By Jim Bell. This article first appeared in ‘The Wokingham Paper’, 24th April 2015
A young man sits holding the reins of a horse drawn fire engine. He is the chief of Wokingham’s voluntary fire service and also just happens to be a member of one of Britain’s wealthiest families. Arthur Wills John Wellington Trumbull Hill at the age of just three years old became the 6th Marquess of Downshire, whose family owned 5,000 acres in Berkshire (Easthampstead) and 115,000 acres in Ireland (Hillsborough, County Down). By 1883, the Hills family had the eighth highest landed income in the United Kingdom. For all this wealth however, he lived his life as the 6th Marquis of Downshire and as Arthur Hill, a lover of the more simple qualities of rural life. A local inhabitant of the area once observed:
“In those days everything was driven to the market. There was no transport. They used to drive cattle, sheep and cows and all from the Downshire estate to the market to be sold. The Marquess used to follow on as if he was one of the workmen, dressed in a smock. You’d think he was a normal shepherd.”
His love of the countryside was obvious, but the Marquess also possessed a love of powered vehicles. Although he had his own chauffeur, he would often swap seats, the driver sitting in the back whilst the Marquess took over the driving. The chauffeur would also join in on the masquerade by taking on the persona of gentry and waving at the locals as the vehicle passed them by.
One of the Marquess’s favourite pastimes was to drive his steam roller round the roads of his estate. He was doing this one day when a tramp came up the drive. Not knowing to whom he was speaking, the tramp asked the Marquess the chances of begging a meal at the big house. The Marquess responded that his chances were good. As soon as the tramp was out of sight, he got down from his steam roller, hurried into the house, summoned the butler and gave him a whole sovereign to give to the man and instructed him to see the cook give him a good meal. He then returned to his roller and continued on his drive around. Eventually the tramp emerged from the big house and the Marquess asked him how he had fared. The tramp was ecstatic.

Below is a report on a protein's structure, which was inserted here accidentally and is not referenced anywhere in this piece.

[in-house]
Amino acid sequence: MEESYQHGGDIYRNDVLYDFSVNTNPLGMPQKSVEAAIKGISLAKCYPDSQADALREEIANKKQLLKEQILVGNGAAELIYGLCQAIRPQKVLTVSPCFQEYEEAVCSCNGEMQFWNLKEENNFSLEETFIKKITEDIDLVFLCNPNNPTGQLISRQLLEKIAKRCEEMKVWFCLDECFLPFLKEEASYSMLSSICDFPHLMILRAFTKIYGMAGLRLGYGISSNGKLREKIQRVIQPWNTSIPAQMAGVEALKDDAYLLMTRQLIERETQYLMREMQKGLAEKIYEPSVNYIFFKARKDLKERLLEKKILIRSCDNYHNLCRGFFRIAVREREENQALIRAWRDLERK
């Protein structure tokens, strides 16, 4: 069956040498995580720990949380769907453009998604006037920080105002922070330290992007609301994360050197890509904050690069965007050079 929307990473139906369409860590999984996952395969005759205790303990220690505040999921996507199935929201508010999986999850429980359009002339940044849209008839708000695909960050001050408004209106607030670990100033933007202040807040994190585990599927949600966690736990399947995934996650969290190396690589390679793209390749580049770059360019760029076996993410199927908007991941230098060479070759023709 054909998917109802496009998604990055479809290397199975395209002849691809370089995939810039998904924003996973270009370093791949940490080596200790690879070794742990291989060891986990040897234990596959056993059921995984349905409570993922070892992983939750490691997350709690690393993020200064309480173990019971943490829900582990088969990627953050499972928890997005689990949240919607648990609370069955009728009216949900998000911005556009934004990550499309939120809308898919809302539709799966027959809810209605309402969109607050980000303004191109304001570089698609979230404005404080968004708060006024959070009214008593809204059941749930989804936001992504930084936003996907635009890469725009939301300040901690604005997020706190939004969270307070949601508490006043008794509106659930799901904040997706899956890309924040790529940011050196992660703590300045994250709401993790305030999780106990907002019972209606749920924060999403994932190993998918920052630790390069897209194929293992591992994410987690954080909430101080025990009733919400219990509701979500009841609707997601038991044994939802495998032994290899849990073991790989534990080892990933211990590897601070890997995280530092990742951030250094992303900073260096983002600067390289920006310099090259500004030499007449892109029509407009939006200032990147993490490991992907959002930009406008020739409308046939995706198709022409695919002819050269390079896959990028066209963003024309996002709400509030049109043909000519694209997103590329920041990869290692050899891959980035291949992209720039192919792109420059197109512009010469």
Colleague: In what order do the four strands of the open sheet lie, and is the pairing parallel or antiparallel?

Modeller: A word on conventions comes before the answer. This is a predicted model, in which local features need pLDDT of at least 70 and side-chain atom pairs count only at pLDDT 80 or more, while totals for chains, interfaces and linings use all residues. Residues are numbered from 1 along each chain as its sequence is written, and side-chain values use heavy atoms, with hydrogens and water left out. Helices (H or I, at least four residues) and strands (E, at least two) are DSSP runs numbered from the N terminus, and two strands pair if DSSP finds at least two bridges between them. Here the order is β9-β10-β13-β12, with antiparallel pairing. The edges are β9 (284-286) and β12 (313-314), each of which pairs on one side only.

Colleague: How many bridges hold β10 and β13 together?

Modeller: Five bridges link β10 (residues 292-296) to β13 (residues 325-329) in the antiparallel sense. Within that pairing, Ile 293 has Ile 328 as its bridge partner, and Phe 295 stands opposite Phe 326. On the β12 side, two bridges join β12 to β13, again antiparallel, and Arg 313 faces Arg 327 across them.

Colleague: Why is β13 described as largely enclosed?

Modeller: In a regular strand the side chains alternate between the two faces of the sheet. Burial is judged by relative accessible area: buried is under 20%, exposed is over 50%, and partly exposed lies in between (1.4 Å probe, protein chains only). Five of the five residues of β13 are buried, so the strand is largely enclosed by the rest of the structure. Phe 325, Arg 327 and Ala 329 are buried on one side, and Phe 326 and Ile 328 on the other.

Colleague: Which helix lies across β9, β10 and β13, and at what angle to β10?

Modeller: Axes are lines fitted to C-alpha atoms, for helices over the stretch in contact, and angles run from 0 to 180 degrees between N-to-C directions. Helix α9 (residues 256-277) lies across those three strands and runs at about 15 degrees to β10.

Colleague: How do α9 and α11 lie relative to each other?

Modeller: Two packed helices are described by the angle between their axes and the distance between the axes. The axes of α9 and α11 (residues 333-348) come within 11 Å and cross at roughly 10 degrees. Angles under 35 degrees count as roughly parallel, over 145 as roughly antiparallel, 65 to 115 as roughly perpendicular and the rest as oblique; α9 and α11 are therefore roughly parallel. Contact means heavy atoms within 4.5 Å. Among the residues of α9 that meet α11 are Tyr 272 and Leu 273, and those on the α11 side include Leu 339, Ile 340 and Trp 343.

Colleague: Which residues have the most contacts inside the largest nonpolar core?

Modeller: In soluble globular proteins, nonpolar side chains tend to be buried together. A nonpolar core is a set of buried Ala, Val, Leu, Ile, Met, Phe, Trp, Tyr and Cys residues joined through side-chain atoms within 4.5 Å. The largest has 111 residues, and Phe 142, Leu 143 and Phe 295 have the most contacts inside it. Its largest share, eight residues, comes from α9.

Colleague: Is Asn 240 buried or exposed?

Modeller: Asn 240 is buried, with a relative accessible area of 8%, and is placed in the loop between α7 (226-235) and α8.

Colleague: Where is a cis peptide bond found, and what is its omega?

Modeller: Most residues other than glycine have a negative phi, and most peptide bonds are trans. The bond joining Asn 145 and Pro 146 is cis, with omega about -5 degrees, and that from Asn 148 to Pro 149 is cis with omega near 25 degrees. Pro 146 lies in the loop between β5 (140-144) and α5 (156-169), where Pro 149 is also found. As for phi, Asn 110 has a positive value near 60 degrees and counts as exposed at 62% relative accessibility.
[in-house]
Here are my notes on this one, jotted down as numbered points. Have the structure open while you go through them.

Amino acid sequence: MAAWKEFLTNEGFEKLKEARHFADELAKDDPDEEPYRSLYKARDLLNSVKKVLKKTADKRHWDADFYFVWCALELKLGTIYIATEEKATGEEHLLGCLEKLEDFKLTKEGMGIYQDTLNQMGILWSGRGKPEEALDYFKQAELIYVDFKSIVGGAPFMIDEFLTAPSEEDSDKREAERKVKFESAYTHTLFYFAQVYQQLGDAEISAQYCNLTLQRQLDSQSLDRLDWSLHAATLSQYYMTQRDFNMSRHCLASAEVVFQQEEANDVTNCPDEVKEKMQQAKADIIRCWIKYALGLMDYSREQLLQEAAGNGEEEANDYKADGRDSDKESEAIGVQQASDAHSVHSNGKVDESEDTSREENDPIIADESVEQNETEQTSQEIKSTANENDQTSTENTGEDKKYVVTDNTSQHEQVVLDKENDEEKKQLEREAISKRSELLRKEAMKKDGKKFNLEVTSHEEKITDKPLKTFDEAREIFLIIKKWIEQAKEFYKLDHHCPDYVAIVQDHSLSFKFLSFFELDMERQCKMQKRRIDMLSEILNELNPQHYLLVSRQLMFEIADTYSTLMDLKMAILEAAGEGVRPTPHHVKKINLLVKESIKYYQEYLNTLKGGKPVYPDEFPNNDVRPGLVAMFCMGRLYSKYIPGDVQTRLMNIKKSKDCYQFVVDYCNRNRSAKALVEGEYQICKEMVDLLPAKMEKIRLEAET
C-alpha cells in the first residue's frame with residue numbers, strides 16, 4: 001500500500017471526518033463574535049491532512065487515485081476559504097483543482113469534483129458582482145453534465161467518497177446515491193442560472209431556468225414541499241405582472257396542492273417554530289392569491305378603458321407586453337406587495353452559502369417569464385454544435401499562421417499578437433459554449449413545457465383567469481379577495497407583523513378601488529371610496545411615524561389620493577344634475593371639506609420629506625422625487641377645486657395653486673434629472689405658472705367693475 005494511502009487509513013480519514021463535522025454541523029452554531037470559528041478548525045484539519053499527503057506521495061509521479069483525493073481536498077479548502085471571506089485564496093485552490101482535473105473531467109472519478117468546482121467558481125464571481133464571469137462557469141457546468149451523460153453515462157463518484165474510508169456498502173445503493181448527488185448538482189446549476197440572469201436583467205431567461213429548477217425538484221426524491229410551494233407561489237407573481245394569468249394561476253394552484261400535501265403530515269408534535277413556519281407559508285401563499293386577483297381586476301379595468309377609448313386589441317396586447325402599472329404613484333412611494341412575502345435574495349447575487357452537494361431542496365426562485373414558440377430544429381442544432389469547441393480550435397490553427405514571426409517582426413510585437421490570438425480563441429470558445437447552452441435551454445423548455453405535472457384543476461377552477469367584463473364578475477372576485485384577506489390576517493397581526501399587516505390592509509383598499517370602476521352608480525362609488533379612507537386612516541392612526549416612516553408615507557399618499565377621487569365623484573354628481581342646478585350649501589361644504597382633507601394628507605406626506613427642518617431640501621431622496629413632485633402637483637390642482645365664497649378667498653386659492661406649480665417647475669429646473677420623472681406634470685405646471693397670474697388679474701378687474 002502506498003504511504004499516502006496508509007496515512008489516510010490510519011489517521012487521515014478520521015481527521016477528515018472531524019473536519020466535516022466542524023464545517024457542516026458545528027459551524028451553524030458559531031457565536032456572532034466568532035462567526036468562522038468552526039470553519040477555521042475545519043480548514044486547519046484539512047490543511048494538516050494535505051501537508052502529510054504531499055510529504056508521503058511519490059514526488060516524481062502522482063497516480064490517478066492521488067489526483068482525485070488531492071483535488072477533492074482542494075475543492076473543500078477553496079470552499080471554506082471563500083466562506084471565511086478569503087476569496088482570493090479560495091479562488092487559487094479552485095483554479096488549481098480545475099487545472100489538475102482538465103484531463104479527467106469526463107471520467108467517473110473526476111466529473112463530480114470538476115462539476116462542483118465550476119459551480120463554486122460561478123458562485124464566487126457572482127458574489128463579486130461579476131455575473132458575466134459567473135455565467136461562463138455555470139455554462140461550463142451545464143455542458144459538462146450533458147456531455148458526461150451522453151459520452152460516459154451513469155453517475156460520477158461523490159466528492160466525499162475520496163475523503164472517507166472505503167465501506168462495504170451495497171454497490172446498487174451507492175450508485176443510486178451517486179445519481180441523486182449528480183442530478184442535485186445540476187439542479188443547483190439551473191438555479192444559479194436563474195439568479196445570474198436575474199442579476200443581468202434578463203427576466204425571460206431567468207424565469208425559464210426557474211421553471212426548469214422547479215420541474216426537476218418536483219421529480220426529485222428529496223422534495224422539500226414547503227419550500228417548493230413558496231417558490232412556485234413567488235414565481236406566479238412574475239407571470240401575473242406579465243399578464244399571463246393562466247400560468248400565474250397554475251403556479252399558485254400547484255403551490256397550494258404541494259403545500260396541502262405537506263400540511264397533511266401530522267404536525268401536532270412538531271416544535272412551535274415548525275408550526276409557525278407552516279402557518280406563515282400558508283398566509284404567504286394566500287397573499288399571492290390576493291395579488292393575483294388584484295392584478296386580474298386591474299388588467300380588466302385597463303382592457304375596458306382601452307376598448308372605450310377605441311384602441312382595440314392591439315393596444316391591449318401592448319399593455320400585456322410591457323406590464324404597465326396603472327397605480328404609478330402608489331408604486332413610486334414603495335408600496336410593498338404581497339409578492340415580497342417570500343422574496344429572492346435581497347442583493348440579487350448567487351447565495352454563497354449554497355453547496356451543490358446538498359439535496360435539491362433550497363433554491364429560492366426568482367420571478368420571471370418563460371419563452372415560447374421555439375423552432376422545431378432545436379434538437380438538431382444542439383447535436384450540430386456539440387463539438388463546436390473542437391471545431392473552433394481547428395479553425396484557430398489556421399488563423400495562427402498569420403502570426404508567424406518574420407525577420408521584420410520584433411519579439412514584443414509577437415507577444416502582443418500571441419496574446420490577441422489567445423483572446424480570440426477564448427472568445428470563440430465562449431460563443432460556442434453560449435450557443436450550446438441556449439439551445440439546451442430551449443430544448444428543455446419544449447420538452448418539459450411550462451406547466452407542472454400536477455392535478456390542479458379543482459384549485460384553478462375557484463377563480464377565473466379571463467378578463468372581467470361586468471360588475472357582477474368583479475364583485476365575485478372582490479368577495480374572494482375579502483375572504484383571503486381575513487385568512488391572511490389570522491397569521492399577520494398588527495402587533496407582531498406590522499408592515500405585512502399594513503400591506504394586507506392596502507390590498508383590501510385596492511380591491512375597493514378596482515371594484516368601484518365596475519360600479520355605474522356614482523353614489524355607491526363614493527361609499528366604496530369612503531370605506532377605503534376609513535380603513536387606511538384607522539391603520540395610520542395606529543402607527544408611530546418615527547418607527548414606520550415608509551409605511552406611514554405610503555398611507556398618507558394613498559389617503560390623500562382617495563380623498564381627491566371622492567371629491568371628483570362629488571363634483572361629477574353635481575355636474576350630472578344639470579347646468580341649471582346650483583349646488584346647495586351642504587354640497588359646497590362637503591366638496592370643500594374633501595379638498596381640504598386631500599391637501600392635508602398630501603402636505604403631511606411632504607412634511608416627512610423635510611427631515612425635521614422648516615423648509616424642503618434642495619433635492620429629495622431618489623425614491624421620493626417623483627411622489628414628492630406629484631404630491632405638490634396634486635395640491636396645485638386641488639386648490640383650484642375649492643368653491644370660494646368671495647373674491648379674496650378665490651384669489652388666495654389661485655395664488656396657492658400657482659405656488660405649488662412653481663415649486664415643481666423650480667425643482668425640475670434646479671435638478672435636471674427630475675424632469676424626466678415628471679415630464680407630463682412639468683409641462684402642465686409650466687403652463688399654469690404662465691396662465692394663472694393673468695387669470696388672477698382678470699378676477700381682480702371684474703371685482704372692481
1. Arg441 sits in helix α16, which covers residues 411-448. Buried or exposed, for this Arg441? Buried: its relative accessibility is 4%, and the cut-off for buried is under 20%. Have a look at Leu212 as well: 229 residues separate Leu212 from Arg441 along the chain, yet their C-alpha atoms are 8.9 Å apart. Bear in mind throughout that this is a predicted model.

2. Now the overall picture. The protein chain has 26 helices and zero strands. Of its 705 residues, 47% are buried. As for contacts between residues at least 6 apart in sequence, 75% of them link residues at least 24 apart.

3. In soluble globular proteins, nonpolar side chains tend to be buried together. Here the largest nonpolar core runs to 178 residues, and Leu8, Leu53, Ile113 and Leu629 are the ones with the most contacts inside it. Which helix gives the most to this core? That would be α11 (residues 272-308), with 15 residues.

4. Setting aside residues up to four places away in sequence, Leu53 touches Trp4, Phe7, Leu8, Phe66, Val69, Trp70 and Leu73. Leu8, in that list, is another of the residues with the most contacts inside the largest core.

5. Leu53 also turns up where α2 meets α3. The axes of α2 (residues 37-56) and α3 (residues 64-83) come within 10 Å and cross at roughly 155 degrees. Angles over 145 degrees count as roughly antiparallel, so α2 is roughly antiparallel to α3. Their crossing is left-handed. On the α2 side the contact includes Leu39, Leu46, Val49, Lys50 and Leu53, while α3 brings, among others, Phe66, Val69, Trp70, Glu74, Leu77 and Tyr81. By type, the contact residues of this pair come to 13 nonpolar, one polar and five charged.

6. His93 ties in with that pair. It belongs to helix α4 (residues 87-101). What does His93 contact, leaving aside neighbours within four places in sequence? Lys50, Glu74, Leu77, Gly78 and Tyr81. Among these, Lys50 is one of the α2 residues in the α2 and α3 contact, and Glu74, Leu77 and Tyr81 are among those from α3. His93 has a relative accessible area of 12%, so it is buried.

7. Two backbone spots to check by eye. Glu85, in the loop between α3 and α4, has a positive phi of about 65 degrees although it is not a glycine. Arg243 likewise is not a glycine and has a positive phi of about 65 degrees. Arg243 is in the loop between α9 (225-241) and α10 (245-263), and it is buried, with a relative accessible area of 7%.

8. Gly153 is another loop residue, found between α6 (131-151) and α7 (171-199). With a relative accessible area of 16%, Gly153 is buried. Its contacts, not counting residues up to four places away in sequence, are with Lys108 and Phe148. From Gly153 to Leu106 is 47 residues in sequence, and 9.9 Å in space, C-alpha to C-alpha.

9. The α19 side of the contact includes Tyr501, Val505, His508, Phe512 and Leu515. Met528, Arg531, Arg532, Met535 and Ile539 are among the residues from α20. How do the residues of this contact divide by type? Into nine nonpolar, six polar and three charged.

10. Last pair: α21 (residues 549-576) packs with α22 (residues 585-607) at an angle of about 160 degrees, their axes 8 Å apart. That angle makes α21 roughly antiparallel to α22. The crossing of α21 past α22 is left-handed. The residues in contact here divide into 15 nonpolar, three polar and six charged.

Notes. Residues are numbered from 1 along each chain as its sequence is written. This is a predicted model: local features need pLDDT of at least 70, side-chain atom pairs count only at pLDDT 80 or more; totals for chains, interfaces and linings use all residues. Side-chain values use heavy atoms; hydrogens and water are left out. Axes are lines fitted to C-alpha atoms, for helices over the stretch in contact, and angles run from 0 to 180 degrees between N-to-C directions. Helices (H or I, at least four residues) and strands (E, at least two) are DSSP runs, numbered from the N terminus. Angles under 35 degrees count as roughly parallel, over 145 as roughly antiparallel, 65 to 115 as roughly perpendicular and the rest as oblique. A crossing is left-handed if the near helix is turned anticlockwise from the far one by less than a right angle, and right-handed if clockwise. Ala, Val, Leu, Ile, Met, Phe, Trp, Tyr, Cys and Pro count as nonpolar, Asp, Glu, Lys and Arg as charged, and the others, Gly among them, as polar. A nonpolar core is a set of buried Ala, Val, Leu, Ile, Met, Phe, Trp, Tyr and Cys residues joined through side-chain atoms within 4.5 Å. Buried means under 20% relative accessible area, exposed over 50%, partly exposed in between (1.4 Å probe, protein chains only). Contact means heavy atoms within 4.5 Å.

He said that he had received an enormous meal, two pints of beer and to top it all, the butler had given him a half-sovereign. On learning this, the Marquess went straight back to the house and sacked the butler for dishonesty.
To know the man, is to know why Wokingham’s fire brigade was led by one of the nation’s wealthiest men. He was as much at ease with ordinary folk as was with royalty; who loved both modern technology and a simple rural life. He was both the grand 6th Marquess of Downshire and the ordinary Arthur Hill; some might say eccentric, but one of our true characters and taken away at the relatively early age of just 46 years old. He died at Easthampstead on the 29th of May 1918 after a short illness following a chill. In his will he gave one year’s wages to those who had been in his employment for three years before his death.
Jim’s books can be purchased at the Information Centre in Wokingham’s Town Hall. They make great presents at a price of around £3.